Opinion | Susan Knopf: The pot is simmering in Dillon | SummitDaily.com

Opinion | Susan Knopf: The pot is simmering in Dillon

The pot boiled over a couple of times. And the pot has been simmering pretty hot on the back burner waiting for this moment in time. Monday, Jan. 24, is the deadline to file for the Dillon Town Council election.

For the record, Summit County municipal elections are April 5. And there are quite a few seats up for grabs. But Dillon is particularly interesting because there has been no contested Town Council election since 2014, according to Town Clerk Adrienne Stuckey.

Several Town Council seats were appointed because nobody ran! That doesn’t look like the case in 2022. It looks like all township seats that are in play will be contested, and the stakes are high.

I’m not talking about the $500 per month a council person will get paid. The mayor will get $1,000. It’s the issues:

  • Walk-up marijuana sales windows
  • Ice Castles contract
  • Short-term rental rules
  • How many trees should be cut down to build a new park?
  • A proposal to pave the lakeshore to accommodate more tourist paddleboard rentals
  • A proposal to turn free parking into paid parking

If you are a registered voter in the town of Dillon, and you like the way Dillon is being run, you should vote for incumbents: Mayor Carolyn Skowyra and council members Jen Barchers and Renee Imamura.

If you agree Dillon Town Council hasn’t been listening to residents, then you’ll want to consider voting for local challengers Dana Christiansen and Tony Scalise.

Both candidates offered similar assessments on town government:

Christiansen said residents first formed a neighborhood coalition. When that didn’t get Dillon town leaders’ attention, some Dillon stakeholders “decided it would be better if we were on the Town Council.”

Scalise said, “I think the townspeople deserve a bigger voice.”

The way Scalise sees it, and I’ve heard this before from other Dillon residents, the current Dillon Town Council seems to have its priorities upside down. Scalise says it looks like the Town Council has tourists No. 1, business second and residents third.

Scalise said, “There are ways to compromise.” He identified three main issues:

  • Residents feel they don’t have a big enough voice
  • Short-term rentals
  • Business development

Scalise says he’s for property rights. He said some residents would like to see no short-term rentals but admitted that’s unrealistic. He repeated the need for compromise.

Christiansen and Scalise agree about the first issue: The town has to balance the priorities and do a better job listening to taxpaying residents.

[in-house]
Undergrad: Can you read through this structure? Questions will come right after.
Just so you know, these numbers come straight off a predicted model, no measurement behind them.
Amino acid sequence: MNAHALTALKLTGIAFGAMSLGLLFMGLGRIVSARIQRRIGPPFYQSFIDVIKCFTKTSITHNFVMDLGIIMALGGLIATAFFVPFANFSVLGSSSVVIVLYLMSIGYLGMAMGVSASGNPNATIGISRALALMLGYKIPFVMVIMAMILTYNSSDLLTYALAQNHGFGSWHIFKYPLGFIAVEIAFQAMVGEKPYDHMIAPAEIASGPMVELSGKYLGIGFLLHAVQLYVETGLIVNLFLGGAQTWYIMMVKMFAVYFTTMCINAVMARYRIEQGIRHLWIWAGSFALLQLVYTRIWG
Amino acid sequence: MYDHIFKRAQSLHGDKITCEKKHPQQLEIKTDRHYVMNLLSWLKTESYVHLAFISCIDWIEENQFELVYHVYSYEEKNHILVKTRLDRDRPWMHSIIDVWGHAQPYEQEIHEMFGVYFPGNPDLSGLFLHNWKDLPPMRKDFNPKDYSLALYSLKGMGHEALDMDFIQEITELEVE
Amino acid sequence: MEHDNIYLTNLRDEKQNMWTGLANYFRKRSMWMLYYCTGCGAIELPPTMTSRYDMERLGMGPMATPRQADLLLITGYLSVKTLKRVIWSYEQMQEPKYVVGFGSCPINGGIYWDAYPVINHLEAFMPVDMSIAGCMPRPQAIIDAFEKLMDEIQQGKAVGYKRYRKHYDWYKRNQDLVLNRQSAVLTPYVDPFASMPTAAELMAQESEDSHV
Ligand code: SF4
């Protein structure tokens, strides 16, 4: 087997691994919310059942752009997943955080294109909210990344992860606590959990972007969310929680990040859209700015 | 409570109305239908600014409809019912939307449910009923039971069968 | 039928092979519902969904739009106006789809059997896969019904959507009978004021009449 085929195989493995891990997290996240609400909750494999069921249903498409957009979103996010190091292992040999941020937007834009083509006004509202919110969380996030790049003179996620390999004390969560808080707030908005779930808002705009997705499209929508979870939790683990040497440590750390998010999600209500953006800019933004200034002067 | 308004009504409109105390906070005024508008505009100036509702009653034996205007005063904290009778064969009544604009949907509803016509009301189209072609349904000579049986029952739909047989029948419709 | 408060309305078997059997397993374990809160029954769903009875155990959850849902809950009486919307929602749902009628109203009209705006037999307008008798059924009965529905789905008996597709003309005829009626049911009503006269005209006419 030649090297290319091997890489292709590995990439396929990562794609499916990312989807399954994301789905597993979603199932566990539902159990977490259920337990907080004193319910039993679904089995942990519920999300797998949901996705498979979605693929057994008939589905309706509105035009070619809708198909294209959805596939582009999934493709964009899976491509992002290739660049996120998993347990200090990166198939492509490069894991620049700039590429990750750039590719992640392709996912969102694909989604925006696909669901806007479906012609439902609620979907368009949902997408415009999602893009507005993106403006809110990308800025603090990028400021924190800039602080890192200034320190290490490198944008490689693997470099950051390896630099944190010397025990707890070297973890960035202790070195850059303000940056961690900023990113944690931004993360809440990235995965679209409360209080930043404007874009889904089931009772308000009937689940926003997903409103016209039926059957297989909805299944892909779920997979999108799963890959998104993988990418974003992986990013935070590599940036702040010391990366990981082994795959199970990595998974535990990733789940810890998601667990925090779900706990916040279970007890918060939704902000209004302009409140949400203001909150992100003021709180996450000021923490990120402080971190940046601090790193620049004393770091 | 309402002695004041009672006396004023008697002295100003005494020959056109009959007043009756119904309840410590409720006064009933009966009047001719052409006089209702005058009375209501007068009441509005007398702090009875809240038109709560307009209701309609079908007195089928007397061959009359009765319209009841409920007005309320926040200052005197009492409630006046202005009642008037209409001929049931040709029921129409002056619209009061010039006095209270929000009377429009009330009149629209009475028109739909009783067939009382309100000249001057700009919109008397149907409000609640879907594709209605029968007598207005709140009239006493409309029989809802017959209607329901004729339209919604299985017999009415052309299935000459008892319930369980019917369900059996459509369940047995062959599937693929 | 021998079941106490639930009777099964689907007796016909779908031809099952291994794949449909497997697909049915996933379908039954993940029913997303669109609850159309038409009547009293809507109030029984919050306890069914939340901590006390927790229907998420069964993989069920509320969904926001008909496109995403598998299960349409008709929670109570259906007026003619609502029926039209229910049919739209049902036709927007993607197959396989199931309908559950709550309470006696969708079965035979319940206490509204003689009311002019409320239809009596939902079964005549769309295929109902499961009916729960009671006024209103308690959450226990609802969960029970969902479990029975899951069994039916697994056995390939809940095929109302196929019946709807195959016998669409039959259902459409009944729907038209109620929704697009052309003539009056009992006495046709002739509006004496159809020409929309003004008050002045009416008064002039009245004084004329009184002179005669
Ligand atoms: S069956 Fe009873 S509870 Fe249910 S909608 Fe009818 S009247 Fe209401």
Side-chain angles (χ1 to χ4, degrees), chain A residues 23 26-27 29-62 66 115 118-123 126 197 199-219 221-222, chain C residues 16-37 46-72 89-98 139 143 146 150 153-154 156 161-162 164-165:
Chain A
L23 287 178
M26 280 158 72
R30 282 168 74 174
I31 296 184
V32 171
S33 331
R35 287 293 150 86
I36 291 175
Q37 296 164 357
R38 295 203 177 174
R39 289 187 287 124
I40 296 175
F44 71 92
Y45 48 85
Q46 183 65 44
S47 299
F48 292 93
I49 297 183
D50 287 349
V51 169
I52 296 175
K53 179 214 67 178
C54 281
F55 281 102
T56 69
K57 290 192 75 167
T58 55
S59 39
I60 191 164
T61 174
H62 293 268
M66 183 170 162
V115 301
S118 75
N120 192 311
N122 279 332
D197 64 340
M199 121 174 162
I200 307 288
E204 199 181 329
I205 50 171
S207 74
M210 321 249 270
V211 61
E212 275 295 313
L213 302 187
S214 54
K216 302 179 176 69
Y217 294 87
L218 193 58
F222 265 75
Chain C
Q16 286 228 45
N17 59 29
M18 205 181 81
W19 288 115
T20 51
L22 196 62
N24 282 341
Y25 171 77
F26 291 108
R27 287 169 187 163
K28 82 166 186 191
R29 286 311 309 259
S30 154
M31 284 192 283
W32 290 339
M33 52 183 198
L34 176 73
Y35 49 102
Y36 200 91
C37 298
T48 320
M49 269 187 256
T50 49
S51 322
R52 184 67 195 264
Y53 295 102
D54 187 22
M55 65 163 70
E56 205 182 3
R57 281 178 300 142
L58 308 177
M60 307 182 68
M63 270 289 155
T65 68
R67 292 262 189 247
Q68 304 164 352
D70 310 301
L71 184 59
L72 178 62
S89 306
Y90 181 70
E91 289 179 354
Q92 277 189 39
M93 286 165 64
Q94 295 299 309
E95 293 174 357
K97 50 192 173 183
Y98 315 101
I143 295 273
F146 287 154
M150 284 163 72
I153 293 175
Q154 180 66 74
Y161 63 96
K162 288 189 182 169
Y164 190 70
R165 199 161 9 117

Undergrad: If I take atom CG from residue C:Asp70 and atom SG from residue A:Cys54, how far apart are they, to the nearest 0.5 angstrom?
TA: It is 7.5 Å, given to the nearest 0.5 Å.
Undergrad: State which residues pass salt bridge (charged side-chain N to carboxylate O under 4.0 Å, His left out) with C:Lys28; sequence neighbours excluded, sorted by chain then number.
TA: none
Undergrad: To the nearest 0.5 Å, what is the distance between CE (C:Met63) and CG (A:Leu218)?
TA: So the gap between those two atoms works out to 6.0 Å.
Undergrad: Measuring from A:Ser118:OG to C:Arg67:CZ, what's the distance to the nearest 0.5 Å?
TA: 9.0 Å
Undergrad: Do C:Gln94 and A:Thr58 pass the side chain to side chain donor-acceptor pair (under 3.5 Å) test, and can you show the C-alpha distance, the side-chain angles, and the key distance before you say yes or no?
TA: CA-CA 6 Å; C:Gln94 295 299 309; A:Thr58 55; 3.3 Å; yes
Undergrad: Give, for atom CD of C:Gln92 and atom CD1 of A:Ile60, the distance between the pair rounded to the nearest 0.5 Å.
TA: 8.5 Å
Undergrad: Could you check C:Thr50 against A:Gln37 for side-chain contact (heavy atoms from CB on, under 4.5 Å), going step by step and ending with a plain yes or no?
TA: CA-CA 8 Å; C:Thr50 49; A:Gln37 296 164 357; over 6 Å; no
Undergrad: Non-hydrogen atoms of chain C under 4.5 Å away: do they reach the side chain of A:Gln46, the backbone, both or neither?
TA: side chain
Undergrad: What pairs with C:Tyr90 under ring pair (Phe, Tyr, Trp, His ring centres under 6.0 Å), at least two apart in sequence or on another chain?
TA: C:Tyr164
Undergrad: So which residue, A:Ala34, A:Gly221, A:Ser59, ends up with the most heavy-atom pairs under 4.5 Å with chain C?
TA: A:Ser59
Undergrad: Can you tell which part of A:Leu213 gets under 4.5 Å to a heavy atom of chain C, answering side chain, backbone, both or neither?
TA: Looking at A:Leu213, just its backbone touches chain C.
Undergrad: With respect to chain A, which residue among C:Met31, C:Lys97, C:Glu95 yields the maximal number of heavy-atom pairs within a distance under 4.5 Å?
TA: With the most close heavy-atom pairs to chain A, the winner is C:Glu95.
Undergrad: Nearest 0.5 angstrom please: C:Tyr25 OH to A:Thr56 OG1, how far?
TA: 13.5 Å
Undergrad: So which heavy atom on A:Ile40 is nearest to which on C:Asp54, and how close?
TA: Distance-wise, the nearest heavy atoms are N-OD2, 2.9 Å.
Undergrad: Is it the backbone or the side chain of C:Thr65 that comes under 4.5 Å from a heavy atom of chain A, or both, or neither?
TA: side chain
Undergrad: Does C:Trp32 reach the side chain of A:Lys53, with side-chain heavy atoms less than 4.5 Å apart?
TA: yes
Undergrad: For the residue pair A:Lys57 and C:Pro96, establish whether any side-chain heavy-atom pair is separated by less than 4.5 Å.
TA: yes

Both Scalise and Christiansen favor the development of a downtown corridor. Christiansen envisions a “European-style village in the center of downtown Dillon” that is a hub of activity with restaurants, shops and things to do.

Scalise said the Town Council needs to “drill down deeper on issues and be fiscally responsible.”

Scalise and Christiansen both agree Ice Castles was not a good fit for Dillon for a variety of reasons. Both agree the best way to find the win-win that benefits residents, business and draws tourists in a positive and productive way is to rethink the plan and listen better to citizens.

Christiansen is a second generation Dillon property owner. Both he and his mom served on the Parks and Recreation Committee. He’s lived here full time since 2007. His kids went to Summit High School, and he worked on Keystone Resort’s ski patrol for two years. He’s a retired aerospace engineer.

Scalise has lived here full time since 2020. He’s owned his Dillon home for 10 years. When I talked to him, he was busy refacing his fireplace with stone. He’s worked for corporate America, and he’s been a small-business owner.

Mark Cribett is a local attorney who is also running for a Town Council seat. He is a registered Libertarian. He declined to comment for this column.

Support Local Journalism

Support Local Journalism

As a Summit Daily News reader, you make our work possible.

Summit Daily is embarking on a multiyear project to digitize its archives going back to 1989 and make them available to the public in partnership with the Colorado Historic Newspapers Collection. The full project is expected to cost about $165,000. All donations made in 2023 will go directly toward this project.

Every contribution, no matter the size, will make a difference.